We know D.C. Get our free newsletter to stay in the know.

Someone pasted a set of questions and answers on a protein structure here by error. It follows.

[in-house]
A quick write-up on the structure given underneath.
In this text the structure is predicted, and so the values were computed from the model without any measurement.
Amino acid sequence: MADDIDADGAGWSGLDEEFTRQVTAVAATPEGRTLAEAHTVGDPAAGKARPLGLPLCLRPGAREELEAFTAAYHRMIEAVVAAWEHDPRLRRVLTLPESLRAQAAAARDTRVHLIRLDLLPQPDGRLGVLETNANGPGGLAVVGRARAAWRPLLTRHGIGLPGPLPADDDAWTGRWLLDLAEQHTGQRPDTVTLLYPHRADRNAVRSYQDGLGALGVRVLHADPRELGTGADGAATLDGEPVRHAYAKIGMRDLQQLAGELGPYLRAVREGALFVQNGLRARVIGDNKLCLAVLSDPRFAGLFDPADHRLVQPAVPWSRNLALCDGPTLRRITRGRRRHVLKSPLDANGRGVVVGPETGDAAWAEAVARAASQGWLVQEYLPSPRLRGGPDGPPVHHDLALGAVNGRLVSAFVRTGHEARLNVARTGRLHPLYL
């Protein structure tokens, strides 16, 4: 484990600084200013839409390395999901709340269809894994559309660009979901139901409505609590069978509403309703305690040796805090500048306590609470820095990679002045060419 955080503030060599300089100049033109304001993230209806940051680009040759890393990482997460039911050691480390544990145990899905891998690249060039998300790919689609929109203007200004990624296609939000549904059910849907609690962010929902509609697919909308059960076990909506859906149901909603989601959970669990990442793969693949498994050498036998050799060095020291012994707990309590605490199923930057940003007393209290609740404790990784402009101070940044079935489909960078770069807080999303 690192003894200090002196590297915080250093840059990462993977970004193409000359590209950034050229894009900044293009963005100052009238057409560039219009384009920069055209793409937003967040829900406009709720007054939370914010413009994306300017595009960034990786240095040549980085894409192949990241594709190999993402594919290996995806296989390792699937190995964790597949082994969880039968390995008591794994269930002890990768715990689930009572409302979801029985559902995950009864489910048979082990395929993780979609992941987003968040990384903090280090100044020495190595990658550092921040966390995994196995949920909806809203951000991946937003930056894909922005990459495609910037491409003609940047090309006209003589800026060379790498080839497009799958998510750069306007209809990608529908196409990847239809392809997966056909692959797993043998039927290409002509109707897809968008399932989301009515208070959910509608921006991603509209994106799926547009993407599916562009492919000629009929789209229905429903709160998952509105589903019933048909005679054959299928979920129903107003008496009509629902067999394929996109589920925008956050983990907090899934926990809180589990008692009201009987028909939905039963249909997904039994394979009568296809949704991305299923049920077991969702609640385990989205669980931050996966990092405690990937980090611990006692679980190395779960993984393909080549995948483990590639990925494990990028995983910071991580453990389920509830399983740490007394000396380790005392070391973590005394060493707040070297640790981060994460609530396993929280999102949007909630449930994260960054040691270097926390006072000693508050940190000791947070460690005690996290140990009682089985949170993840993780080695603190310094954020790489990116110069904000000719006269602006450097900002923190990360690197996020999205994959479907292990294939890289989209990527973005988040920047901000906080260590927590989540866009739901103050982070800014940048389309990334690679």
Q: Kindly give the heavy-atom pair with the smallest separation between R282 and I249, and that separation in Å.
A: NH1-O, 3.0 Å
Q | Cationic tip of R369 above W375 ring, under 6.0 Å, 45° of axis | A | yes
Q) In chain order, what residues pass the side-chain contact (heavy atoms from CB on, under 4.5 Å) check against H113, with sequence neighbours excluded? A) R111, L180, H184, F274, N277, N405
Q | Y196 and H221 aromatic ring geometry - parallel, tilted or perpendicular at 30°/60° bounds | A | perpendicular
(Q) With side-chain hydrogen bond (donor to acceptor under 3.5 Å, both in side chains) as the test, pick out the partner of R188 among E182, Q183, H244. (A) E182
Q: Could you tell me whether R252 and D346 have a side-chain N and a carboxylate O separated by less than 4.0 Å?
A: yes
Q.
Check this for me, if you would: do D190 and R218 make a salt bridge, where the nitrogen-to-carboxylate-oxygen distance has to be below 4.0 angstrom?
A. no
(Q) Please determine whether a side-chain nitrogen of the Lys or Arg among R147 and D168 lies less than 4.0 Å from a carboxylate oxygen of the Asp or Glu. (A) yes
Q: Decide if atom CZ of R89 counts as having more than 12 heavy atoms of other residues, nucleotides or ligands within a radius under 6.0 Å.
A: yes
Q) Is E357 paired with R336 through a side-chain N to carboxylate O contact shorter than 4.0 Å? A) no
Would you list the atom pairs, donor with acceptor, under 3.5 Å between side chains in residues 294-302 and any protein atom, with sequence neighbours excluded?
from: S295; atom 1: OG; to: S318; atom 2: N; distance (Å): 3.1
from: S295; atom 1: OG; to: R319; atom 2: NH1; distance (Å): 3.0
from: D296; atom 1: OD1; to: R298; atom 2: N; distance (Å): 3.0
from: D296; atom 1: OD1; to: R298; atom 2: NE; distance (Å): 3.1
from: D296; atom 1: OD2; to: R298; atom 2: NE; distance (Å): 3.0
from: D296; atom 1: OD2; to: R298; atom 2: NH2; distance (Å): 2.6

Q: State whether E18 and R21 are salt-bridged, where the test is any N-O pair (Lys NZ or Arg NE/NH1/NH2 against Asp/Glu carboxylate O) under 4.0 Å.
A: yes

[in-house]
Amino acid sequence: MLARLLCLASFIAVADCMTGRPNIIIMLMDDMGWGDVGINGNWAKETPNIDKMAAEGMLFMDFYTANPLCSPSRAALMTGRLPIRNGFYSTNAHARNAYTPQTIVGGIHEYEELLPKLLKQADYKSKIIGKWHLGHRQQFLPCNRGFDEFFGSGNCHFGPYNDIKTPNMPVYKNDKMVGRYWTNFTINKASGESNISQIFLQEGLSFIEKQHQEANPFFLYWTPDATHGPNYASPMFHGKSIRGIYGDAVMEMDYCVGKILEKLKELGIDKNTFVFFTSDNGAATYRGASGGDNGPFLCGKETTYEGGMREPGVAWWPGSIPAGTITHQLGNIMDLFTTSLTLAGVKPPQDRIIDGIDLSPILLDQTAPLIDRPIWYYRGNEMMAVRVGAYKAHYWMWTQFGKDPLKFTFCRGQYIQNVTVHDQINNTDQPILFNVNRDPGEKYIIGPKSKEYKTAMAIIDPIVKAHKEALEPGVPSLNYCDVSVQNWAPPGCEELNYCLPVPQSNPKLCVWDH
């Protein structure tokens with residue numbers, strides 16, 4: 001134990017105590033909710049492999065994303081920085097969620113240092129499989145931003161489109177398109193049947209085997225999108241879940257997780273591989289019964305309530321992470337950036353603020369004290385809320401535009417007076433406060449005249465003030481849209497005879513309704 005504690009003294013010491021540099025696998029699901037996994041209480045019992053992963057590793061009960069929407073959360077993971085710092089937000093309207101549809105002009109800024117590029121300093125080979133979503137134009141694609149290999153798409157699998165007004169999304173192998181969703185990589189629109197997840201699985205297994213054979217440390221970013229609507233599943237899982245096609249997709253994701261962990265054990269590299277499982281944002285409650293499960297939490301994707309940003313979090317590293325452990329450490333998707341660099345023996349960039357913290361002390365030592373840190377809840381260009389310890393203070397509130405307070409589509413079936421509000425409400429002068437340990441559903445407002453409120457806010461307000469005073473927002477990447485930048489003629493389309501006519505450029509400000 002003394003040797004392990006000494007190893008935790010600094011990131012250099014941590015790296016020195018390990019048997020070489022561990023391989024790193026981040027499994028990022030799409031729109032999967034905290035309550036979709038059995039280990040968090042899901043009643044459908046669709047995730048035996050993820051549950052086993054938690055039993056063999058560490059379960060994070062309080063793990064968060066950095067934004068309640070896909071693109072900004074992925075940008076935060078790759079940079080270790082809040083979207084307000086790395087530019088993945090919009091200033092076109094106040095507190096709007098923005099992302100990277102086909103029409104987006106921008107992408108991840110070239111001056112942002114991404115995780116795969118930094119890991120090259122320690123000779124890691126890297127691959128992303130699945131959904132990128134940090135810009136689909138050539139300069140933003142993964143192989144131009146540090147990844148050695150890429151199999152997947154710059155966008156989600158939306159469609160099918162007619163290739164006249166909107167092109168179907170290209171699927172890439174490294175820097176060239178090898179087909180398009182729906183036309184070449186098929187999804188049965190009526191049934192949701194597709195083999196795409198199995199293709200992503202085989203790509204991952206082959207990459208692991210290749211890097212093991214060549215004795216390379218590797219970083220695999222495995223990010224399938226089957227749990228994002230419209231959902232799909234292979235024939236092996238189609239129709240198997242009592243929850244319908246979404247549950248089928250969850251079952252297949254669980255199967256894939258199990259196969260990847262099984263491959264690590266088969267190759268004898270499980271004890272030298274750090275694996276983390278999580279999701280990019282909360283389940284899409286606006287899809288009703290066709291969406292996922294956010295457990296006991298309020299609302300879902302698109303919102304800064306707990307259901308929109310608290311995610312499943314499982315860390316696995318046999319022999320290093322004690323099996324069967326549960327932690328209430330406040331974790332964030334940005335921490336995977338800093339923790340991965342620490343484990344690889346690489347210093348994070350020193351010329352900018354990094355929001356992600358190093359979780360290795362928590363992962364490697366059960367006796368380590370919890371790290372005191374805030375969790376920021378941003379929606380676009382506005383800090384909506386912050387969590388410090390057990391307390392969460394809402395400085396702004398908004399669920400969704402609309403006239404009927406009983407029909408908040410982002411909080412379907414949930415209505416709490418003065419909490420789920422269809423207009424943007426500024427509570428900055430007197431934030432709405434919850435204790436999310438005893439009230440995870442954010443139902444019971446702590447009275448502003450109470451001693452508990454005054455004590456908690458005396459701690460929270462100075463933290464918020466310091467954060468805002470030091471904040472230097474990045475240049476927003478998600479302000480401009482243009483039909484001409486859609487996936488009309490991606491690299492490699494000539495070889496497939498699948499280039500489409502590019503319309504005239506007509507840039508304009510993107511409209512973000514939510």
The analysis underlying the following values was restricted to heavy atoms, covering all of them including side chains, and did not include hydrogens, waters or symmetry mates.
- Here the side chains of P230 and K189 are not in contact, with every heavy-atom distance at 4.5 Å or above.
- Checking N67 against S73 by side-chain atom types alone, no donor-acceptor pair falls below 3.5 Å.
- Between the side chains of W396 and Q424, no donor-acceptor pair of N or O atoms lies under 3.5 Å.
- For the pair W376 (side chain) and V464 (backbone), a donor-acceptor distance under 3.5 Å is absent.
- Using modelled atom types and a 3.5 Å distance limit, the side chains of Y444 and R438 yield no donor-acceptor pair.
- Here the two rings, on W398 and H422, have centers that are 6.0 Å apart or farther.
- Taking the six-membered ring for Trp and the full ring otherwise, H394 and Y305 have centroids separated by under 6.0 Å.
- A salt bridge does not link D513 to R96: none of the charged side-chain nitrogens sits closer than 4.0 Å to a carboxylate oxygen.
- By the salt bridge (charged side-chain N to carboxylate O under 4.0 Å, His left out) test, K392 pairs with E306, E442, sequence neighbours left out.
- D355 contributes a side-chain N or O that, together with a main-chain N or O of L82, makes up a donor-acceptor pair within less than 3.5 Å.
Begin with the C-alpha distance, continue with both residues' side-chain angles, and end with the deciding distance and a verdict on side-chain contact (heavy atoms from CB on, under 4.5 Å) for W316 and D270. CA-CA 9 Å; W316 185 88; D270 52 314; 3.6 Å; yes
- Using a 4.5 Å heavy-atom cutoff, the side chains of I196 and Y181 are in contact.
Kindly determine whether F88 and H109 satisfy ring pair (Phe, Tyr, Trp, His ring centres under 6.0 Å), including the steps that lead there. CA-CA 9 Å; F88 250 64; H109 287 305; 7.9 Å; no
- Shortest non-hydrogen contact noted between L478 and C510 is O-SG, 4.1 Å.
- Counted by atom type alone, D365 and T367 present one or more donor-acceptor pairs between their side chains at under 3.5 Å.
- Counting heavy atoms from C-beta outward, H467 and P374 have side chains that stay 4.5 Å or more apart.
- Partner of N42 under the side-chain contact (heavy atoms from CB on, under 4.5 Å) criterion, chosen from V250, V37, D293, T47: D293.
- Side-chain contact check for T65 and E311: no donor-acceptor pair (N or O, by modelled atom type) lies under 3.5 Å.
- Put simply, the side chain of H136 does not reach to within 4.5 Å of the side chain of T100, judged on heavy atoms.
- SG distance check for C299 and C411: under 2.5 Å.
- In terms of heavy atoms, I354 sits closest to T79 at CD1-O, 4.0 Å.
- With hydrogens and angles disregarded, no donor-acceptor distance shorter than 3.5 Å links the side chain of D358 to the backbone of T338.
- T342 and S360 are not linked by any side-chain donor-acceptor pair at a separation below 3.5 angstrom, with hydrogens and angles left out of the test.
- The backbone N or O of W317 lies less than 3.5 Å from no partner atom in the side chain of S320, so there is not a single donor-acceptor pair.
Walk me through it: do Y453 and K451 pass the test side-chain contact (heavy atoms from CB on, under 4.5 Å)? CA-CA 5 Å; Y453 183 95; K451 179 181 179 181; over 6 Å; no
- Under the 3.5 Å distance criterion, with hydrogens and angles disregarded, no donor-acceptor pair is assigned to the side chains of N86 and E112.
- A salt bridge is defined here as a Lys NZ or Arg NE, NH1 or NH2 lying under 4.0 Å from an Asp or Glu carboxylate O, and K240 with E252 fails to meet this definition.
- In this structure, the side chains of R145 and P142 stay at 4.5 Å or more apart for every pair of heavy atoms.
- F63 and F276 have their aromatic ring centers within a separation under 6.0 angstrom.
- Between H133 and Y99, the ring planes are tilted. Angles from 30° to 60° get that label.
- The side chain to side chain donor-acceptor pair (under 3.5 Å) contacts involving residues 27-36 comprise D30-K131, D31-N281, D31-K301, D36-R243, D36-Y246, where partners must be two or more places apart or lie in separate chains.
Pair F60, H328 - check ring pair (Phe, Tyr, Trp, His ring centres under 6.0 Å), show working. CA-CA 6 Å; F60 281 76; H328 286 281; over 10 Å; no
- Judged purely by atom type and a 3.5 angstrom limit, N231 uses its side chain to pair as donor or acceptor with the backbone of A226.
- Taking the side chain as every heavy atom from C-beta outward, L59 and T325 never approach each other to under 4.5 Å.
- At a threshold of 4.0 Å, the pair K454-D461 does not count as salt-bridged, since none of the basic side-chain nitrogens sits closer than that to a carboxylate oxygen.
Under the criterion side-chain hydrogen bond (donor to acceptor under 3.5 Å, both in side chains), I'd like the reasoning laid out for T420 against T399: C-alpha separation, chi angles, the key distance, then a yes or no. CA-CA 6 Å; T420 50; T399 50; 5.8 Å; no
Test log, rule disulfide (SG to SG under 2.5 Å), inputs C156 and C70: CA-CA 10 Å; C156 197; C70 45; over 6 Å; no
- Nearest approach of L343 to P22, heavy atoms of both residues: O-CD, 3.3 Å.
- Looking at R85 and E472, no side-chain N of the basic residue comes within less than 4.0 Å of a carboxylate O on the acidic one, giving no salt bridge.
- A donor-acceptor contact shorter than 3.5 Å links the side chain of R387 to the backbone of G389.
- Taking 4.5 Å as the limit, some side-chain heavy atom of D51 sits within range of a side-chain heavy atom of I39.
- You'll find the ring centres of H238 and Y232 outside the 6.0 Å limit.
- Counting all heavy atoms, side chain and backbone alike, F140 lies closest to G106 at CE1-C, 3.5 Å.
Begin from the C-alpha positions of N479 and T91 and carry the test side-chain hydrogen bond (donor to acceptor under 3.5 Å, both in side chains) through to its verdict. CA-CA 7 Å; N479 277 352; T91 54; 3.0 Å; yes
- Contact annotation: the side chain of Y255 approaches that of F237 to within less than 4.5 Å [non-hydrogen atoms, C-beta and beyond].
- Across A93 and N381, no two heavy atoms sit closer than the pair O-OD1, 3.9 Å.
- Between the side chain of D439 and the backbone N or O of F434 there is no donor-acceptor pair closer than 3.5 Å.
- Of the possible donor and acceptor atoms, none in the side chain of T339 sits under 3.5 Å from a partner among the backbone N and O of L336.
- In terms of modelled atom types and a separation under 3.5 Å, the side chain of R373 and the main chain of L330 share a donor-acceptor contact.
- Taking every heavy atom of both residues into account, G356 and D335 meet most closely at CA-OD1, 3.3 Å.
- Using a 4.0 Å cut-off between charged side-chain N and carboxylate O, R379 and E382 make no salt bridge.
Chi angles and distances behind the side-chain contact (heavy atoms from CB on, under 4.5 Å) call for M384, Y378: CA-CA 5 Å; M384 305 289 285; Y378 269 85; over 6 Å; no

Right at the gate, The Holiday has two things working against it: It’s seasonally themed. And it’s a romantic comedy. You can’t stitch together a more dangerous combination, even with writer-director Nancy Meyers (see: Something’s Gotta Give) in charge—or perhaps that should be “especially with” (don’t see: What Women Want). Meyers is known for nailing the realities of romance, and she sometimes does. But, dammit, she just can’t resist that sprinkling of fairy dust, and The Holiday gets a generous dose. The focus is on two hardworking women who, trying to recover from bad relationships, agree to swap homes for solo vacations. Amanda (Cameron Diaz) is a movie-trailer editor who sleeps with her BlackBerry instead of her straying boyfriend (Edward Burns). Iris (Kate Winslet) is a newspaper reporter who’s getting mixed messages from an ex (Rufus Sewell) and is devastated when she finds out he’s getting married. The very next day, Iris is off to Amanda’s giant Los Angeles home while Amanda heads to Iris’ cozy English cottage for intendedly men-free adventures. Right. Superstars have often elevated Meyers’ scripts, their charisma and comedic skill seducing you into loving their characters despite some oh-please lines such as “I finally know what I want…and what I want is you.” Jude Law gets to deliver that one in The Holiday, whose big names can’t help the waaay contrived story, because most of those names shouldn’t be there in the first place: Winslet, for instance, should never giddily bed-dance and play air guitar to Jet. Law is better as a cad than as someone who admits to weeping during touching commercials. And Jack Black may want to stretch, but as an “incredibly decent man” who ultimately sees himself as a loser? Let’s hope we never see that again. The only one who belongs here is Diaz, who, despite performing one goofy dance (it must be in her contract), finally gets to integrate her fizziness into a character who’s a full-grown woman. Meyers does serve up some nice scenes, the best of which involve Iris’ friendship with the revered elderly scriptwriter next door (Eli Wallach). And there are vulnerable, true-to-life moments that you won’t see in typical romantic comedies. But as one gag suggests—Amanda hears the Trailer Guy narrating movie-of-her-life commercials in her head—The Holiday is little more than your usual predictable Hollywood throwaway. —Tricia Olszewski